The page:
He returned to New Zealand for the 1994 season, playing five matches for the Waitakere City Raiders in the new Lion Red Cup. He originally signed for the new Auckland Warriors club who were to enter the Australian Rugby League in 1995 but they released him as part of a deal that allowed Andy Platt to join Auckland from Wigan.


Paul in action for Harlequins RL.

Paul joined Wigan Warriors for the 1994–95 season and quickly established himself in the squad. At the end of Super Leagues first season, he was named at stand-off half in the 1996 Super League Dream Team. He played at stand-off half back for Wigan Warriors in their 1998 Super League Grand Final victory against Leeds Rhinos.

Henry Paul played Fullback in Wigan's 40-10 victory over Warrington in the 1994–95 Regal Trophy Final during the 1994–95 season at Alfred McAlpine Stadium, Huddersfield on Saturday 28 January 1995,[2] and played Stand-off/Five-eighth, and scored 2-tries and 4-conversions in the 25-16 victory over St. Helens in the 1995–96 Regal Trophy Final during the 1994–95 season at Alfred McAlpine Stadium, Huddersfield on Saturday 13 January 1996.[3]


In September 1998, at the end of his contract he moved to the Bradford Bulls. Paul played for Bradford Bulls at stand-off half back and scored his team's sole try and goal in the 1999 Super League Grand Final which was lost to St. Helens. Paul was selected for the New Zealand team to compete in the end of season 1999 Rugby League Tri-Nations tournament. In the final against Australia he partnered his brother Robbie in the halves, kicking six goals in the Kiwis' 22-20 loss. He helped beat his former club Wigan in the 2001 Super League Grand Final. When he was at Bradford he set a goalkicking record for consecutive goals (35), as well as for points in a season at the club.[4]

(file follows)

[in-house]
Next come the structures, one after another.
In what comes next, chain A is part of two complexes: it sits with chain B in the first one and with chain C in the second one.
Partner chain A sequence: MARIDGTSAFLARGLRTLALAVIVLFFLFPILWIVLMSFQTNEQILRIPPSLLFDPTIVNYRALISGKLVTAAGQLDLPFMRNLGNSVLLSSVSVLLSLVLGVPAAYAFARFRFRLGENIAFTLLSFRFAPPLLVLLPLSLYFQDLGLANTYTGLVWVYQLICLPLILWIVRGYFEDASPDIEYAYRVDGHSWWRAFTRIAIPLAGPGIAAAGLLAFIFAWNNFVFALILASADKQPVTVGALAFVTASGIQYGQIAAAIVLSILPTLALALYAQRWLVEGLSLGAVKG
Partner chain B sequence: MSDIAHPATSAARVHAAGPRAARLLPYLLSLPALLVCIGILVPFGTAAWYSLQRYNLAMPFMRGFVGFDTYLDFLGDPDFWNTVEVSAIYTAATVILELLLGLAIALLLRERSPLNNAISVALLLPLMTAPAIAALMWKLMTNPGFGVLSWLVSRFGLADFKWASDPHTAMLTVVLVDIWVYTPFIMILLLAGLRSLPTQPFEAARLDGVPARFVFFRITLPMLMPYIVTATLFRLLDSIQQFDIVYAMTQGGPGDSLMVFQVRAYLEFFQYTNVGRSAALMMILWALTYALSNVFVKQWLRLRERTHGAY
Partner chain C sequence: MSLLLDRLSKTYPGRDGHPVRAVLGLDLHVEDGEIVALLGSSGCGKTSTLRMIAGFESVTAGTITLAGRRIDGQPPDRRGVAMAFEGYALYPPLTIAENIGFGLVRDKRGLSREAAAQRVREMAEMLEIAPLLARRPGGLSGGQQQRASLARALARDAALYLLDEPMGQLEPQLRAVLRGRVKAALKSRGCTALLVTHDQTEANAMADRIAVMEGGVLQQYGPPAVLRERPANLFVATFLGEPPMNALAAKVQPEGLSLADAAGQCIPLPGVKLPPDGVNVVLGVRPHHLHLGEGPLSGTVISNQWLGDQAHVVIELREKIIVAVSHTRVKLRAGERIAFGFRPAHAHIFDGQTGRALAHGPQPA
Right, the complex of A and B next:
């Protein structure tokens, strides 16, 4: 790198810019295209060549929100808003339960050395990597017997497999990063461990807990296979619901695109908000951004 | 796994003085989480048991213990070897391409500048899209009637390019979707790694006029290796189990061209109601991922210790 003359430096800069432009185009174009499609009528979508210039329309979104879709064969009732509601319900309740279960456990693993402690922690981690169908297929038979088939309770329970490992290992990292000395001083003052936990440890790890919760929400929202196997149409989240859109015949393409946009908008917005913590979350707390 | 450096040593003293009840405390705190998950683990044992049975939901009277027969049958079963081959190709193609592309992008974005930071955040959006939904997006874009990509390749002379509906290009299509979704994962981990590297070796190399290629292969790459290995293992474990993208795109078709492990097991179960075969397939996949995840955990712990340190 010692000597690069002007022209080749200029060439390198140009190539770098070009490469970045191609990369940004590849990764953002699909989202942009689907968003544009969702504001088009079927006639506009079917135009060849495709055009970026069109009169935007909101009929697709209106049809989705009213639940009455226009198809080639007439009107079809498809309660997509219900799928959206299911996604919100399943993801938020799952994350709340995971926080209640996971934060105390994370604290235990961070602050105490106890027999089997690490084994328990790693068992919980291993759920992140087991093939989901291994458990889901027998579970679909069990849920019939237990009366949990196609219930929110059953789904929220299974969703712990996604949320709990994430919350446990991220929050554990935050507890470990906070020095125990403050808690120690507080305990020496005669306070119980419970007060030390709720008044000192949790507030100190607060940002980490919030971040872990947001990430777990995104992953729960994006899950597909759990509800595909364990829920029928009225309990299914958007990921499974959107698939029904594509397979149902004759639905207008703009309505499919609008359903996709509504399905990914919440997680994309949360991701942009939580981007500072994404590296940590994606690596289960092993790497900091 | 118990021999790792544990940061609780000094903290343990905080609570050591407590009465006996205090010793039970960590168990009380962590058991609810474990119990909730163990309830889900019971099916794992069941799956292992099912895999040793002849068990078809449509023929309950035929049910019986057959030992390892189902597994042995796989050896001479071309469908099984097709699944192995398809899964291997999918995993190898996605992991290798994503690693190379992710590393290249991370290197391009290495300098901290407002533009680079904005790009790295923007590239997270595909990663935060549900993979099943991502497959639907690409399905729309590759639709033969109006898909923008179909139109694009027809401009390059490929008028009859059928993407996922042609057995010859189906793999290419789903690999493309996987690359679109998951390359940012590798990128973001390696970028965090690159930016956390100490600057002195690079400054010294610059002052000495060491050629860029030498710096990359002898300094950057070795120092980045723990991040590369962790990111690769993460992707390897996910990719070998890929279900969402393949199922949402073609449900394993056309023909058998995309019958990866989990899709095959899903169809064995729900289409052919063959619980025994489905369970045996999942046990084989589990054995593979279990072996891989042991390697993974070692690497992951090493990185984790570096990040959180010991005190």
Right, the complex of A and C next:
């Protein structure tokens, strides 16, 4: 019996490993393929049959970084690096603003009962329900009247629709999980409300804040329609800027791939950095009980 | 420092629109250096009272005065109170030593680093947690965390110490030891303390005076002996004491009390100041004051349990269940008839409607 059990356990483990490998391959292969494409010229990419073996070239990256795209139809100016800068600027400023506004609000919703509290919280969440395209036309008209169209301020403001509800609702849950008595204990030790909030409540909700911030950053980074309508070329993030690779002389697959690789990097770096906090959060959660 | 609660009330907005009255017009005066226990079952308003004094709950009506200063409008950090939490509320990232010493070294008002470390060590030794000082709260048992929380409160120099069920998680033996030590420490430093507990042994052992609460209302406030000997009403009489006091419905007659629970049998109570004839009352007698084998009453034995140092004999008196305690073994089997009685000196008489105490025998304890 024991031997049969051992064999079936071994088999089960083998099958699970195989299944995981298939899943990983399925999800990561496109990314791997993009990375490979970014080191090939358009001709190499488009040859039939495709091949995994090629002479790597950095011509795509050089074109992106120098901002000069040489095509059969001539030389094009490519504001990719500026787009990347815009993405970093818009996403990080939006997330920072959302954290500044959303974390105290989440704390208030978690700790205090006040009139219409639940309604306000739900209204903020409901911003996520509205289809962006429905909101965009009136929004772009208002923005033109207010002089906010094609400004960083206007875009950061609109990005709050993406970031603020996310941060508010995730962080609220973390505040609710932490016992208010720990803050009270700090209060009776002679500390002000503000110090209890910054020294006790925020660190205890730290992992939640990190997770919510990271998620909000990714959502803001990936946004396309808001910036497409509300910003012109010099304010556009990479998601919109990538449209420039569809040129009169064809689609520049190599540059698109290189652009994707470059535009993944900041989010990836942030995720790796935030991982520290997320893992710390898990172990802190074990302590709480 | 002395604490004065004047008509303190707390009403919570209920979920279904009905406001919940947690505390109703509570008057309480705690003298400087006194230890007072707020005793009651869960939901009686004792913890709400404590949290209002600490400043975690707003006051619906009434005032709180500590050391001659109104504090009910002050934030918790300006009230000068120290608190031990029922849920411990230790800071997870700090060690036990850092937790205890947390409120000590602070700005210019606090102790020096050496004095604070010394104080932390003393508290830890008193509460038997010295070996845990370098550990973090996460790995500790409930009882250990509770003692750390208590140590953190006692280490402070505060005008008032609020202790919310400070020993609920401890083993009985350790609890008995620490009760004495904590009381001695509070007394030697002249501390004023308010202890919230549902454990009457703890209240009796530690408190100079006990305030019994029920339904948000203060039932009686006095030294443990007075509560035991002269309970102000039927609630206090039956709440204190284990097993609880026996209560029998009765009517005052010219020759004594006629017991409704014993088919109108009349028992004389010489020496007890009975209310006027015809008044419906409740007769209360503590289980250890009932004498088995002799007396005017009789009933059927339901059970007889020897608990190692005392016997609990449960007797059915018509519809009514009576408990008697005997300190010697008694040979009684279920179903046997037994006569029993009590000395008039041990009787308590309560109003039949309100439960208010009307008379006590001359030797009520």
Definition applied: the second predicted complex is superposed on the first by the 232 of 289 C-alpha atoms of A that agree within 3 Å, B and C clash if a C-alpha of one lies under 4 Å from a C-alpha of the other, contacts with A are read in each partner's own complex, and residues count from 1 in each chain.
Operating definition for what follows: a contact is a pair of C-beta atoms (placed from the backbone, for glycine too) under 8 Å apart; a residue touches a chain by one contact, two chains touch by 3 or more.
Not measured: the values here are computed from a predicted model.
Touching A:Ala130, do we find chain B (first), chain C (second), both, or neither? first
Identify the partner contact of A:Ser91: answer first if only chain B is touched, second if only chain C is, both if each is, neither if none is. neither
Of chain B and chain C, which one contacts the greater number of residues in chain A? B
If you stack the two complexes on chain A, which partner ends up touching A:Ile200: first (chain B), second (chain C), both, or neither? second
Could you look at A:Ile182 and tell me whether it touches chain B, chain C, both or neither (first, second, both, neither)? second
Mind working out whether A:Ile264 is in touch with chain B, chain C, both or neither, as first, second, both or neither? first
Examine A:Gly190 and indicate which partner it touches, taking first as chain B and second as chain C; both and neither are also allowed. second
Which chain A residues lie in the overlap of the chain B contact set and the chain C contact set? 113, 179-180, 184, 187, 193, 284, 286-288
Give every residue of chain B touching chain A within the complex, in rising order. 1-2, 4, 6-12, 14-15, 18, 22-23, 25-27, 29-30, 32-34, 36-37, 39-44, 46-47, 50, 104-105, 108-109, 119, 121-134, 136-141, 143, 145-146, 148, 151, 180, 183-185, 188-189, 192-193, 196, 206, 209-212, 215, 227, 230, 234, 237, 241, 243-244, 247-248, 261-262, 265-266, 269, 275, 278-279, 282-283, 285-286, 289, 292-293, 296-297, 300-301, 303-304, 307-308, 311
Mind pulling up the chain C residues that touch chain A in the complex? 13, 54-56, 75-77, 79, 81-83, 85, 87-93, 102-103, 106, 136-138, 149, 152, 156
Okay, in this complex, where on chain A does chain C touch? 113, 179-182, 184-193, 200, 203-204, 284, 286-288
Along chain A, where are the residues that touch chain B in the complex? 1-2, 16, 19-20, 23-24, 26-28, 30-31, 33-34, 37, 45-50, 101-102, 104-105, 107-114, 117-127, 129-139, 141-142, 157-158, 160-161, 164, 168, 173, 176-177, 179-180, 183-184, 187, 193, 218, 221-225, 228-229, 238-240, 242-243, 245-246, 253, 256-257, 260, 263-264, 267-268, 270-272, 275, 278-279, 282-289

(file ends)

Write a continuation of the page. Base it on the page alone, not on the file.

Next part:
He won the Lance Todd Trophy for his performance in the 2000 Challenge Cup victory over the Leeds Rhinos.

Paul played for the Bradford Bulls as his brother Robbie's halves partner, kicking four goals and one drop goal in their 2001 Super League Grand Final victory against the Wigan Warriors.

International rugby league[edit]

In international rugby league he received 23 caps for New Zealand.[5] Upon his return from rugby union in 2006 he qualified for both New Zealand and Great Britain.[6][7]

Move to rugby union[edit]

Paul had previously spoken to National Rugby League club the Canterbury Bulldogs and Super 12 clubs the Auckland Blues and the Waikato Chiefs. However, he was eventually tempted away from the Bradford Bulls, to play rugby union for Gloucester, by Philippe Saint-André and Tom Walkinshaw.[8][9]

He had a dream début for Gloucester scoring 28 points against Caerphilly. A prolific goal kicker and a gifted runner and distributor, Paul began a four-year contract at Kingsholm in 2001 and won an England A national squad selection after just one game for the Cherry and Whites.[10][11]

His early days at Gloucester were turbulent, compared to the unqualified domestic success that he had in later years at the club. He was even linked with a return his former club the Bradford Bulls, the Widnes Vikings and a move to NRL club the Canberra Raiders and a reunion with former coach at Bradford Matthew Elliott.[12][13][14]